Date visited: August 22, 2010
Location: Fremont, CA
4039 Irvington Ave.
Fremont, CA 94538
Tag-team Taraweeh: Yes. They had a starter, a reliever and a closer.
Qirat: As mentioned earlier, they had three huffaz. It went from great to good to excellent
Size of congregation: < 600
Capacity of center: Not big enough for the crowd, they had prayer mats laid out outside
Parking: What the mosque has done is uploaded a parking map on their website. It's a simple Google satellite map, but they've crossed out the lots in which patrons can't park and checked off where they can park. Because of this handy map, I found in addition to parking on the street, I could have parked in a neighboring church parking lot and the lot of a restaurant I won't mention because the owner's not paying me to advertise. This, by the way, is why mosques should have websites; makes everyone's life easier. Some mosques have such useless websites they don't even put their address up.
Minbar: U know it
Shoe shelves: Lots
Building: A good-sized single-story affair
Friendliness towards women: Such strict segregation I'm pretty sure it's a violation of the Civil Rights Act of 1964. I've talked to women about mosques designating a completely separate room for their kind. They say while they understand that some men can't bear the sight of the fairer sex, the problem is a lot of women use the relatively isolation to start chatting with their gal pals, thus raising the noise level to uncomfortable levels for those who actually want to pray.
Friendliness of congregation: Very much so. I made a new friend, whom I'll refer to as the ICF insider, who was invaluable in my understanding of the mosque's dynamics.
The motto of the mosque could be summed up as follows:
If you're brown, stick around.
If you're white, you're all right.
If you're black, please come back.
If you're Arab...get out of here, you lousy Arab, this is a Desi masjid.
Ha, well, okay, it wasn't quite that bad, but you'd be hard-pressed to find a Semite in this crowd. That's okay, though, like I've said before, a lot of these mosques are built along ethnic lines. I found out from my father today that the Jones Straat mosque I hit up last night was founded by Yemenis, which explains why the speech afterward wasn't in English and there was an Arabic US Census sticker near the entrance.
The most fascinating aspect of this mosque is its hafiz-development program. A huge part of its programming is focused on finding youth in the community who have the potential to become qaris. And they do excellent work; I went to college with one of their products and his voice made straight guys swoon.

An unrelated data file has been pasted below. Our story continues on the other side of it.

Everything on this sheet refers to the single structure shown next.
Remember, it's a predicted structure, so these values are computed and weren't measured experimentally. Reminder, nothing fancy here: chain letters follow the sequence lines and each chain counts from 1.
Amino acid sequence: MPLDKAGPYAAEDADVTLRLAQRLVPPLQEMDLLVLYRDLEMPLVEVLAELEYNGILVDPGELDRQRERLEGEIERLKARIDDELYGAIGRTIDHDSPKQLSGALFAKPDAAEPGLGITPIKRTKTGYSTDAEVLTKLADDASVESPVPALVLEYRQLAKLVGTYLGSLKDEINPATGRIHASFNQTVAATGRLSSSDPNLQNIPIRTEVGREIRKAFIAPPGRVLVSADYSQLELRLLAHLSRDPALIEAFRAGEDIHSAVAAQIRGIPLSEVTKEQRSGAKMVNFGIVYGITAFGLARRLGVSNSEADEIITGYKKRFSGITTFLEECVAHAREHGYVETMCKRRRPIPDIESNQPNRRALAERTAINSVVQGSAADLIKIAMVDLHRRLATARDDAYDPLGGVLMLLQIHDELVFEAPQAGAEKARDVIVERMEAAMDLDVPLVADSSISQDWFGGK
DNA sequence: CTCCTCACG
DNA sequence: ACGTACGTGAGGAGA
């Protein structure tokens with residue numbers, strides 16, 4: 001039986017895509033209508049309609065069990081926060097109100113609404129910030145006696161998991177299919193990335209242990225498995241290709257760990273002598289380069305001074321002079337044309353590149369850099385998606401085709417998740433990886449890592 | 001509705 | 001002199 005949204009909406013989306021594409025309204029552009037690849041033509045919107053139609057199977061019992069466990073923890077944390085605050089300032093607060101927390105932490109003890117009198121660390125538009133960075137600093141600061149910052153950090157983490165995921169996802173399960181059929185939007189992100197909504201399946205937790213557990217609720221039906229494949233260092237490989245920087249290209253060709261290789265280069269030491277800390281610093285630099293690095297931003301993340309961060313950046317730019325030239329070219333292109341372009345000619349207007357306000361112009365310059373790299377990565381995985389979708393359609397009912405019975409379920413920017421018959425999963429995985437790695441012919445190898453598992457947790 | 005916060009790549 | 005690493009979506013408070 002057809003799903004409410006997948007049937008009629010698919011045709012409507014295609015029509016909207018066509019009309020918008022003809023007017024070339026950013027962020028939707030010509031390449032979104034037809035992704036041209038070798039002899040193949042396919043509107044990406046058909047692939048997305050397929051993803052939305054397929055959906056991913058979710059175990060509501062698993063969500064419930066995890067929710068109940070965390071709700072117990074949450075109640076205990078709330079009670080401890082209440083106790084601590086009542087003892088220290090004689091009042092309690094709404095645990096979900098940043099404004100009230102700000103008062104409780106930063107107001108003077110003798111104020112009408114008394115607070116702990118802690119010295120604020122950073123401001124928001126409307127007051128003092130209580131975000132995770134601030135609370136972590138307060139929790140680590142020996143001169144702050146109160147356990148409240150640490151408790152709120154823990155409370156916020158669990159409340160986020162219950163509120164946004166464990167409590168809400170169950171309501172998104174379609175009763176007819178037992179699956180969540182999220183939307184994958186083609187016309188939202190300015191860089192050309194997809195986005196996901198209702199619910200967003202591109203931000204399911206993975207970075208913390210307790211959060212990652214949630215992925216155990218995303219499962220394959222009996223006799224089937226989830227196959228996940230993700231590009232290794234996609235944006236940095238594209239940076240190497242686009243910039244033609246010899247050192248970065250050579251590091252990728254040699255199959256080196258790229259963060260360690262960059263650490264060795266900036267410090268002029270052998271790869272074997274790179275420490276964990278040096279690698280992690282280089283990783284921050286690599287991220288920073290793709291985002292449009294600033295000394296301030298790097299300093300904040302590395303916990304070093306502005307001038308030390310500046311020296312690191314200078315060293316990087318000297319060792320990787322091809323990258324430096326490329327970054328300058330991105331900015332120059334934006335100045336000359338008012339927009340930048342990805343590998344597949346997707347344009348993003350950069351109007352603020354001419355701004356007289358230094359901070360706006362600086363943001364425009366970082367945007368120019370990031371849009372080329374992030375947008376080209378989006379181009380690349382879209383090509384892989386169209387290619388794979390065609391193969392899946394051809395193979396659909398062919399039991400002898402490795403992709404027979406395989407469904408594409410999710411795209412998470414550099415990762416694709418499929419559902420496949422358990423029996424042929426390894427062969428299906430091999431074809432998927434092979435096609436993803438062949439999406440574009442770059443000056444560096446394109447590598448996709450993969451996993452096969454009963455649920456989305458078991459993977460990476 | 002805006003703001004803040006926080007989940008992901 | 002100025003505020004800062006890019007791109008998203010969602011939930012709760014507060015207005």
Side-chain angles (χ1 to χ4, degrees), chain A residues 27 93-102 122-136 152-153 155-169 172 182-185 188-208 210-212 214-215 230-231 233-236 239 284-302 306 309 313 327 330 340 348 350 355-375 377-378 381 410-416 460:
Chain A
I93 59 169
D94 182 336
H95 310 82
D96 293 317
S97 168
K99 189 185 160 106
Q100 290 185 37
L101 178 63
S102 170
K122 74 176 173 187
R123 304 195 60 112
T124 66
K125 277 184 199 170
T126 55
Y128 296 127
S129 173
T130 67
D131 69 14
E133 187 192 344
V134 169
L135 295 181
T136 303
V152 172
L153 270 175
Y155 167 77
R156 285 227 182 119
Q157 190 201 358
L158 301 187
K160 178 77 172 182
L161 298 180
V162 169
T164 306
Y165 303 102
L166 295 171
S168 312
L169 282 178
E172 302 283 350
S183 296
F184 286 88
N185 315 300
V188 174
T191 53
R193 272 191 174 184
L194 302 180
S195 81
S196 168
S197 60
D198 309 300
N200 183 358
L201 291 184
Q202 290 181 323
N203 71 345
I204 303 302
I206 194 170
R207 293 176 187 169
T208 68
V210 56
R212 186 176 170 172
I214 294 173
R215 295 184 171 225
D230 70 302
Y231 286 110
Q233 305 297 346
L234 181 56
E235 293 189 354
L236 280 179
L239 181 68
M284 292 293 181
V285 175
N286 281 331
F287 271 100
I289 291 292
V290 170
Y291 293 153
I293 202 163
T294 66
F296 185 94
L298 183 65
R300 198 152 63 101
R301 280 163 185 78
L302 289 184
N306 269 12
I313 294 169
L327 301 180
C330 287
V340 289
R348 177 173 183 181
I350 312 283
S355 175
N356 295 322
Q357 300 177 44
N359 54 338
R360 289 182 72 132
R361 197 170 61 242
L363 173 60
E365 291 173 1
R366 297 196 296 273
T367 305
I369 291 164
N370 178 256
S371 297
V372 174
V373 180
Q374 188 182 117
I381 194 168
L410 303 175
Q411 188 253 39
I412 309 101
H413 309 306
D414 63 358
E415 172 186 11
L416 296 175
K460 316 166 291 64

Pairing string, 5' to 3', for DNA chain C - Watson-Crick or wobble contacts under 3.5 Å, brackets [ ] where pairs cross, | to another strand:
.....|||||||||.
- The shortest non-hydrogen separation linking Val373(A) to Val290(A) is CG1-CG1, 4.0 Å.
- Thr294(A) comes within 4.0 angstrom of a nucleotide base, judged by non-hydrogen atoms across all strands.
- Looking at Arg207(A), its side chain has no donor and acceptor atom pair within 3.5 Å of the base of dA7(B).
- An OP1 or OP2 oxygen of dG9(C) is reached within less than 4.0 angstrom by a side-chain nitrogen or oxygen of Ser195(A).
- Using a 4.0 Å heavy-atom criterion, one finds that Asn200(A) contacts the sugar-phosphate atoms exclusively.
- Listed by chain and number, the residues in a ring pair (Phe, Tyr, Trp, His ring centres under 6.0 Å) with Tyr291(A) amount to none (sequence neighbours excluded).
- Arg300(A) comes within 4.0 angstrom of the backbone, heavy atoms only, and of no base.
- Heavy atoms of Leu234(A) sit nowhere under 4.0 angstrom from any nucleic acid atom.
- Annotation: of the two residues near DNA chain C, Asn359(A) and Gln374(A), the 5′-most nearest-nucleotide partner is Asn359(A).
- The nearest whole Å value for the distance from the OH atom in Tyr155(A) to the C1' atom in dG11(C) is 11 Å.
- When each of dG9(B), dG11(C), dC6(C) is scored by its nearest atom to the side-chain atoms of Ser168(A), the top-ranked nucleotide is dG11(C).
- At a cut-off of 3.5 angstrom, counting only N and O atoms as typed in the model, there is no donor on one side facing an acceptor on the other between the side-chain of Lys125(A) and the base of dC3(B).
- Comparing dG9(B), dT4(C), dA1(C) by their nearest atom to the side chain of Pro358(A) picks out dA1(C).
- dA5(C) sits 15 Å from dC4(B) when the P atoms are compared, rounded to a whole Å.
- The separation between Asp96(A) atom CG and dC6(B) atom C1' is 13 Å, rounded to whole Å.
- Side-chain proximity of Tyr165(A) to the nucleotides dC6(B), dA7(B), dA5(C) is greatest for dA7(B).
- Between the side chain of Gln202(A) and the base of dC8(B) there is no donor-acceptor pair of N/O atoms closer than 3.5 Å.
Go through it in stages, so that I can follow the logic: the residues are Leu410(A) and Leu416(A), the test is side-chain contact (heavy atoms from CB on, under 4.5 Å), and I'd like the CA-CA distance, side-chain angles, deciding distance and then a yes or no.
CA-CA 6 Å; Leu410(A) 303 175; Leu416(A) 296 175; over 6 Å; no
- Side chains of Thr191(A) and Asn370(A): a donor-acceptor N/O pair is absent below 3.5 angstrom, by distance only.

Everyone leading taraweeh tonight was a product of the program. Their logic is it's not enough to teach the kids how to recite the Quran; to be a really effective school, their policy is to throw the kids into the fire by making them lead taraweeh. The guy who started taraweeh tonight was a mere 17 years of age. Truth be told, when he first stepped up to lead I wondered what kind of hafiz didn't have a beard. Upon learning his age from the insider, I suppose it is too much to expect a baby to have a beard.
I learned that the imam of the masjid (also the closer, by the way) was in the middle of an alim program to become certified as an imam. He'd already finished two years of the program and apparently was heading to Africa del Sur to complete the last five years. This begs the question, does a guy really have to go all the way to South Africa to become certified as an imam? How is it possible that there isn't a decent program in the US?
The length of this program also leads me to conclude that it must be impossible for anyone to pursue a university degree AND become certified as an imam. IT of SBIA is quite proud of the fact he doesn't even have a high school diploma because he started the alim program so early. The takeaway lesson here is if you see a hotshot young imam, you can bet that he sacrificed a higher education to get to where he is today and must be commended for the love he has for his religion.
I do wonder, though, if Islamic religious studies will get to the same level as Christianity. After all, it is very possible for you to earn master's and PhDs in divinity at any Christian university these days. How long before you can earn a PhD in divinity with an emphasis in Islam?